At the other end of the spectrum, companies enjoying the benefits of ‘capital light’ structures, which invariably means using the capital of others, are living the dream. It is ironic to say the least, to see infant formula producers making out like bandits while the producers of milk powder are being decimated by collapsing prices. Management of one company assured us that capital employed is no longer a relevant measure and that brand value and intangibles invalidate the relevance of measures such as price to book and support an acquisition based strategy with very healthy doses of intangible asset value. Forgive us for thinking it may not be ‘different this time’.


We do not pretend to understand where every risk lies, however, our sense is that the real economy is not positioned to be the perpetually disproportionate loser which current valuations suggest. There just isn’t enough profit left in it. Observations in results season only left us more convinced of the inability of ports, railroads, pipelines, shopping centres, airports and office towers to thrive without acceptable returns also accruing to those taking disproportionately greater risk. With a far greater percentage than normal of the world’s investment capital crammed into richly priced defensive assets and a pervasive belief in the inevitability of ongoing deflation in the real economy and underwritten stability in financial assets, the pool of candidates awaiting admission to this party may be dwindling. Should these conditions change slightly, the next tune playing at the party might be that of Martha and the Vandellas, introduced by Robin Williams in ‘Good Morning Vietnam’; “Nowhere to run to baby, nowhere to hide”.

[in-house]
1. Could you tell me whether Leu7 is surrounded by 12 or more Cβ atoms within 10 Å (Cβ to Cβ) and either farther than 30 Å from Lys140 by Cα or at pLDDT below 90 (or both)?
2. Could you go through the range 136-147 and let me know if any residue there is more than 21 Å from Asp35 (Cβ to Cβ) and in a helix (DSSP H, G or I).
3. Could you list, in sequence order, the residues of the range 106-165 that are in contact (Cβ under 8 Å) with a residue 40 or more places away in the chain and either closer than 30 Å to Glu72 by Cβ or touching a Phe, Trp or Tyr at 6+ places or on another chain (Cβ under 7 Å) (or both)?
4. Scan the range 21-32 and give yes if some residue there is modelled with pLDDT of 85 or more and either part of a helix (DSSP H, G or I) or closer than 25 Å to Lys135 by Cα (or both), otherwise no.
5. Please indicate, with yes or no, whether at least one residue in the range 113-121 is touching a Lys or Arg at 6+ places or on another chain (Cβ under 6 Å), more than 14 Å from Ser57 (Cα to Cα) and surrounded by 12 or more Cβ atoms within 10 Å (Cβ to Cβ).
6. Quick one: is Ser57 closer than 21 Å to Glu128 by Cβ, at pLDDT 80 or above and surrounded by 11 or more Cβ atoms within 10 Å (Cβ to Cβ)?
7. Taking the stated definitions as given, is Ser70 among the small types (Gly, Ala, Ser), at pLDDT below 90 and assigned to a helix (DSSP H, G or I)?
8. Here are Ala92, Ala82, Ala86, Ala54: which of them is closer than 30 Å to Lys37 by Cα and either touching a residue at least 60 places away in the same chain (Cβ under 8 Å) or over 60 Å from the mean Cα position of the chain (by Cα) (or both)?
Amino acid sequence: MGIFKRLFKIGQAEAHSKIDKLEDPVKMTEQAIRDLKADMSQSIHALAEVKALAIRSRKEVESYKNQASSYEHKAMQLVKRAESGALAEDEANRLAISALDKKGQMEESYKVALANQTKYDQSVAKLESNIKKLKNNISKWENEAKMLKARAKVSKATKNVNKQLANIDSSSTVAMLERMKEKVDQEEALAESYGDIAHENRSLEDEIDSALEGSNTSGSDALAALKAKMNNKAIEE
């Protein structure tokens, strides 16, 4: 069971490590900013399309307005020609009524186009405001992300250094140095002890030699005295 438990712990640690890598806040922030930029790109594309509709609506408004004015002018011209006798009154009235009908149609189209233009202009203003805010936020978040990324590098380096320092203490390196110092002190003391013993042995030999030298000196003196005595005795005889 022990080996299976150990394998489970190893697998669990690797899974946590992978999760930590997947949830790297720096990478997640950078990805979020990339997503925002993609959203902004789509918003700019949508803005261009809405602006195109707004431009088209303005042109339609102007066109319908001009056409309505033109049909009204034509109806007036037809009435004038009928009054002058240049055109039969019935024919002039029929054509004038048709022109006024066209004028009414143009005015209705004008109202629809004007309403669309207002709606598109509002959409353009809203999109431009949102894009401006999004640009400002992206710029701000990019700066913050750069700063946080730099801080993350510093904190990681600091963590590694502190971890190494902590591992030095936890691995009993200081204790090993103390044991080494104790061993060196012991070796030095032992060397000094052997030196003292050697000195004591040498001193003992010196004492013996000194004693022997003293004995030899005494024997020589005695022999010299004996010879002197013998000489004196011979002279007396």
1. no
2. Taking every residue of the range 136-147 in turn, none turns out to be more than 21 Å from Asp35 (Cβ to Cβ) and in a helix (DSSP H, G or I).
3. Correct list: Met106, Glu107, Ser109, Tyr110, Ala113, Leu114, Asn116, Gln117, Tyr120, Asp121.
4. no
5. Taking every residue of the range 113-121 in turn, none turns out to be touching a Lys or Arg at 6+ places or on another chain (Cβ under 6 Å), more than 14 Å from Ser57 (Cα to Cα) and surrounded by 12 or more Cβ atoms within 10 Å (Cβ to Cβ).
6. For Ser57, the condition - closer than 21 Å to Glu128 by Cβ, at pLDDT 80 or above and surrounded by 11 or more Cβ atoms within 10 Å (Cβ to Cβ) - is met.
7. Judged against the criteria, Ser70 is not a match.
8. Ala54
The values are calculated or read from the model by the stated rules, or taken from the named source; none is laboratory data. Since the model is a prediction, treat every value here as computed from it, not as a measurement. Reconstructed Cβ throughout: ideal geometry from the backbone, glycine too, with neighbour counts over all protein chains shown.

The future path seems to us more likely to bifurcate. Either a methodology will be found to inject money into the real economy such that prices and activity begin to outpace the wild escalation in financial asset values, allowing egregious debt levels to ameliorate, or the financial asset values will need to retrace to match the ability of the real economy to pay. The obvious signal in following policies such as negative interest rates is that the rubber band attaching the value of financial assets to the economy which actually does something to generate the income for these assets, is stretched very tightly. The problem with this bifurcation is that the paths go in very different directions. In the former case, the profits of the real economy could be expected to benefit disproportionately, whilst the latter raises the spectre of which financial asset owners are decimated to restore balance. Our attempts to look through cycles still suggest that many of the businesses across energy, materials, industrial and consumer sectors, offer attractive long term value. Given the risks associated with the above bifurcation, we far prefer those with very conservative financial leverage. When we combine these with self-help efforts to lower costs and improve productivity, such is the case with aforementioned businesses like Alumina, Iluka Resources and South32, we are particularly comfortable.